From the April 2012 issue of Entrepreneur

The Benefits of ExperienceVenture funding of early-stage companies struggled significantly in the first half of 2011, falling 48 percent in terms of number of closings and capital committed. But late-stage funds had their strongest first half since 2007, according to Dow Jones LP Source.

Investors like Todd C. Chaffee, general partner at Institutional Venture Partners, a Menlo Park, Calif., venture firm, are bypassing hot, young startups for more mature companies. With investments that include Twitter, Zynga and LivingSocial, his firm has an eye for successful digital brands. Here, Chaffee weighs in on what businesses need to know about working with late-stage investors.

Why the strength in late-stage investing now?
In a word, it's probably returns. We've been seeing some high-profile IPOs and late-stage firms with favorable returns, so people are chasing the market. It's easier to spot the later-stage companies that are growing well, so they tend to attract more capital. It's low-risk capital, and you get a faster return. We look for a minimum of three to five times return on investment in three to five years.

What is the difference in an entrepreneur's relationship with a late-stage vs. an early-stage investor?
The early stage is much more driven by the entrepreneur, where you're taking an idea or a nascent technology and developing it into something that's going to have high impact in the marketplace. Late-stage and growth-stage are really about scaling, so the issues are different. Running out of space is something we deal with a lot, or helping a company go international. At this stage, the competitive landscape gets much more complex, because now you're on the radar of the big players, so you end up having a lot of discussion of partnerships vs. alliances, deciding when to fight fire with fire against this big incumbent.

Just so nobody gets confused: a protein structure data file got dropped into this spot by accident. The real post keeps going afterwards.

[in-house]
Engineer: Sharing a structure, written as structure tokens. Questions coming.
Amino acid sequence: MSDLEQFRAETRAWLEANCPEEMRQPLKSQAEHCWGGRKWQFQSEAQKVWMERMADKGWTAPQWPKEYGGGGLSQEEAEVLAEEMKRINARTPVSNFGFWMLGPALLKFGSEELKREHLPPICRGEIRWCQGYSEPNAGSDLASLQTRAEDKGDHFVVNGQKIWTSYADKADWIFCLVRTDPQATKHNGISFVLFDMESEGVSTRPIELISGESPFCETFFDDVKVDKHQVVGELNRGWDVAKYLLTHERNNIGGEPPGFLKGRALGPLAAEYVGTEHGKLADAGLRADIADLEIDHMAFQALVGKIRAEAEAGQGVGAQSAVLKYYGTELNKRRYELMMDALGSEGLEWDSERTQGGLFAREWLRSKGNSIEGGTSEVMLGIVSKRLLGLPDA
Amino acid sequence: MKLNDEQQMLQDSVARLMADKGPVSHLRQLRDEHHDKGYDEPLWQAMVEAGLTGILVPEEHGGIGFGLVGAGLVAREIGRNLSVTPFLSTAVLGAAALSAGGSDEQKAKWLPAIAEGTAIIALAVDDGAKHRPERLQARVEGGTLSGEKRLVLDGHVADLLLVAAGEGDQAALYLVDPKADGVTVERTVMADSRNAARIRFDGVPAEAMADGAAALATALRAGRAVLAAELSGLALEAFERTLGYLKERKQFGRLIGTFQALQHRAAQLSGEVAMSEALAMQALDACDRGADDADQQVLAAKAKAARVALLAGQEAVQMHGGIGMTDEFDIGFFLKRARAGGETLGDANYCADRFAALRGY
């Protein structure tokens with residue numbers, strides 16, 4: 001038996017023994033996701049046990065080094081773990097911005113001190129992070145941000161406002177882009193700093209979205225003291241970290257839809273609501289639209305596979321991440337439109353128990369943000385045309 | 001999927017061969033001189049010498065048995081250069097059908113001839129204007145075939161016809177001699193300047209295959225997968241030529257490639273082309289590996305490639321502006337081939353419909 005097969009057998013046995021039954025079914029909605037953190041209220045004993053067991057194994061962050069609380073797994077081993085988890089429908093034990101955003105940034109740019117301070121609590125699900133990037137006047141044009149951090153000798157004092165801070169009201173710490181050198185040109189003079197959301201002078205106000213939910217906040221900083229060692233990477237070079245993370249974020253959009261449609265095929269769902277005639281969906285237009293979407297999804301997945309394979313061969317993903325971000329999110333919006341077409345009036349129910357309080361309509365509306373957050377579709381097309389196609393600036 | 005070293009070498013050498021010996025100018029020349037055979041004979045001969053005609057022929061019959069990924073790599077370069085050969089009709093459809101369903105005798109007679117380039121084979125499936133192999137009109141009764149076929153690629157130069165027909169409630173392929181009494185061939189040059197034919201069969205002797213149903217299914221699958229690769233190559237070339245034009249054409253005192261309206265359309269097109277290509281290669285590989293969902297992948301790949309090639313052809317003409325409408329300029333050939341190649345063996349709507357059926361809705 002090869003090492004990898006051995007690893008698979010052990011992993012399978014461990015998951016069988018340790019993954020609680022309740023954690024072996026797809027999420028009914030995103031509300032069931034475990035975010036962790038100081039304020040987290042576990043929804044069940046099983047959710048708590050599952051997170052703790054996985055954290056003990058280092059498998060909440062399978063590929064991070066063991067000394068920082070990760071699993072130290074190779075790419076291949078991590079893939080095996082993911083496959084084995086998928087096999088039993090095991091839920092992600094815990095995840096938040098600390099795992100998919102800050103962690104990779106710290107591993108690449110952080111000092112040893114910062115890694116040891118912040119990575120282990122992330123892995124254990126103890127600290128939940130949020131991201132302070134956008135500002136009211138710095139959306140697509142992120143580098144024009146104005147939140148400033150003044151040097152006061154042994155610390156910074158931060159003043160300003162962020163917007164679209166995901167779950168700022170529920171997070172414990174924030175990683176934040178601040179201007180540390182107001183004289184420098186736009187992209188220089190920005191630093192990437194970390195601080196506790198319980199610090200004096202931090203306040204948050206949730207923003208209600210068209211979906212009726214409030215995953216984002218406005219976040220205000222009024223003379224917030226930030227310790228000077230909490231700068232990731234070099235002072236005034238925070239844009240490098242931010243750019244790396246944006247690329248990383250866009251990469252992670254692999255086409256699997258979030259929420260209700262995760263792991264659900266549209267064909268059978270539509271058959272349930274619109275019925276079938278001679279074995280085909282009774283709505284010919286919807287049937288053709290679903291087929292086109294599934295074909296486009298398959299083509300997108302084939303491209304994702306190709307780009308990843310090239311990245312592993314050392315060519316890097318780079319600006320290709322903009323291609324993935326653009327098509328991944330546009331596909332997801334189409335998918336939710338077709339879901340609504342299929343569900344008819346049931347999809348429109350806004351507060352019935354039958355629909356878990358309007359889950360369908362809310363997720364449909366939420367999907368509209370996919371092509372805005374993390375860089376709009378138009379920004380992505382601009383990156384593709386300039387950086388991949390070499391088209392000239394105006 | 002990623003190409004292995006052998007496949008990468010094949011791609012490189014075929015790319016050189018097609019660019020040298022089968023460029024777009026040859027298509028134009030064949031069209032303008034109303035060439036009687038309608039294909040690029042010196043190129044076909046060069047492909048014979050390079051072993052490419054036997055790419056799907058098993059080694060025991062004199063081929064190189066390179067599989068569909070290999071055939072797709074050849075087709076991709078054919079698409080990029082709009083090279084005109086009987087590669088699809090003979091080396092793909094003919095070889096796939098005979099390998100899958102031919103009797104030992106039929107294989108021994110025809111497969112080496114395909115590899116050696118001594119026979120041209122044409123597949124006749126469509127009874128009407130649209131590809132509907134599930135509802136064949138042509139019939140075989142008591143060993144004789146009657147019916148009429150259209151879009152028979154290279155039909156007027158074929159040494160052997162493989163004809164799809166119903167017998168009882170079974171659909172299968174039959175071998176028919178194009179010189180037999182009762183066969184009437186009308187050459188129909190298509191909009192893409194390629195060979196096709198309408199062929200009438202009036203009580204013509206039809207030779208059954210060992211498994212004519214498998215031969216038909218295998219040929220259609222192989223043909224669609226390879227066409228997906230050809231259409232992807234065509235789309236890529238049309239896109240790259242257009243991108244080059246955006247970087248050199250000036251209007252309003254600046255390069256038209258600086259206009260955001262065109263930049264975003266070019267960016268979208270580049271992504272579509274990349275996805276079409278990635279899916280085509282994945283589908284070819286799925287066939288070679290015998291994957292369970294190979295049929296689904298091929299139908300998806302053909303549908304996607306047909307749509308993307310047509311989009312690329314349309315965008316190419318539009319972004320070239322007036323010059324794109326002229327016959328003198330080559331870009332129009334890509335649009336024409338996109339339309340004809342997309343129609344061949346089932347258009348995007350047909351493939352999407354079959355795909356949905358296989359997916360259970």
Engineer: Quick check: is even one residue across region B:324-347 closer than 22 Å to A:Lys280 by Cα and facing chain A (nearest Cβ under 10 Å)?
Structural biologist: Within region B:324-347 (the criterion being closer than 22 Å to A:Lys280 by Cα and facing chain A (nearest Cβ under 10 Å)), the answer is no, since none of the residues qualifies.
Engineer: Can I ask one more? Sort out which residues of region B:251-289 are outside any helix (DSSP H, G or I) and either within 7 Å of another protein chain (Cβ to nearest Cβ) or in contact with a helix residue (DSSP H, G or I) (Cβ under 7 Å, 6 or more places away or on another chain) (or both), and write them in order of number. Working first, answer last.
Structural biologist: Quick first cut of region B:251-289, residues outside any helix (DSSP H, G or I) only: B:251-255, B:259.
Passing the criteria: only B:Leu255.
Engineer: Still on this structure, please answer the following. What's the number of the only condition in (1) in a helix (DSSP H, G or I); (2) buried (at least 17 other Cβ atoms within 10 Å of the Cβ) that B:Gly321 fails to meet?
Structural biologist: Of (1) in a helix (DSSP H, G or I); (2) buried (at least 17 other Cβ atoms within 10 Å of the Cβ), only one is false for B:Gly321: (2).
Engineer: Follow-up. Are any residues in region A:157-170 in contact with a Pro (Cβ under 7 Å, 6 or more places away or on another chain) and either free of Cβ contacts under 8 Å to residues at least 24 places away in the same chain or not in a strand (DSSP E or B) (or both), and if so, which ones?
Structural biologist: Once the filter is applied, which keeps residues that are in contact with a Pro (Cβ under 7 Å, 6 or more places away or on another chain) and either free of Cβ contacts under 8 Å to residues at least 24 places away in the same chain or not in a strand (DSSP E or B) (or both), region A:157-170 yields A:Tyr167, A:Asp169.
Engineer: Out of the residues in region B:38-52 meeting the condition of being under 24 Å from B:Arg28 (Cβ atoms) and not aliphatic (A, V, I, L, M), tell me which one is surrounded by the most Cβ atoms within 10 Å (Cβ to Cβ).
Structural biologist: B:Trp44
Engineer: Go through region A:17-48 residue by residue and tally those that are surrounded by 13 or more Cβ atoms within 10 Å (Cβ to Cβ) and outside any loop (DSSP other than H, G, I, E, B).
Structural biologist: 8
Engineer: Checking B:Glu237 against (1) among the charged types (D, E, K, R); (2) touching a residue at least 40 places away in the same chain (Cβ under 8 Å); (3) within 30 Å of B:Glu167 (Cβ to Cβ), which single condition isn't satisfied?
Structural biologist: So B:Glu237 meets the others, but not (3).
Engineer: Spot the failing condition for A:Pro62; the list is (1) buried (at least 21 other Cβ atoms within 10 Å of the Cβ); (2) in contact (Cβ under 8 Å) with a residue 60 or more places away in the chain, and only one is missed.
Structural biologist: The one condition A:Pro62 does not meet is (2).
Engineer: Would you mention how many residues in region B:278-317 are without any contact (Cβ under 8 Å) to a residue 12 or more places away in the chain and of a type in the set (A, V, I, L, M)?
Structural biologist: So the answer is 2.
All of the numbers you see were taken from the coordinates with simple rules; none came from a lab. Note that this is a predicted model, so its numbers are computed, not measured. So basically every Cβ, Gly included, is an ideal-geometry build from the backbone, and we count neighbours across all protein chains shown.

What does it take for a company to attract a late-stage investor?
First, they need to have an excellent grasp of the market, and the team should know how it plans to win against both small players and large incumbents. They should have a clear description of the products and how defensible they are against competition. We want to know about the state of their technology and whether they need to bolster that infrastructure. Generally when companies come to see us, they've got most of the management team in place but still need a few key hires, which we can help them make.

How big does a company need to be for a late-stage investor to take it seriously?
We only look at companies that have at least $10 million in revenue, because ideally we like to be putting $50 million into a company, and you have to be a certain scale to take that much capital. There are two phases of our business: taking you from $10 million to $100 million, which is generally when you'll go public; then taking you from $100 million to $1 billion.

What should an entrepreneur look for when choosing a venture partner?
Does the firm have a culture of integrity and support? What's their reputation with the street, and do they have experience in your sector? How deep are their pockets? If they're making a $20 million investment, can they reserve $50 million against that? Having a war chest is important, because it indicates the firm is stable and has assets to help you grow. Finally, will the firm invest in the public market? We actually follow our companies into the public markets, and we'll buy on the initial public offering. You want a firm that will support you all the way up the growth ramp.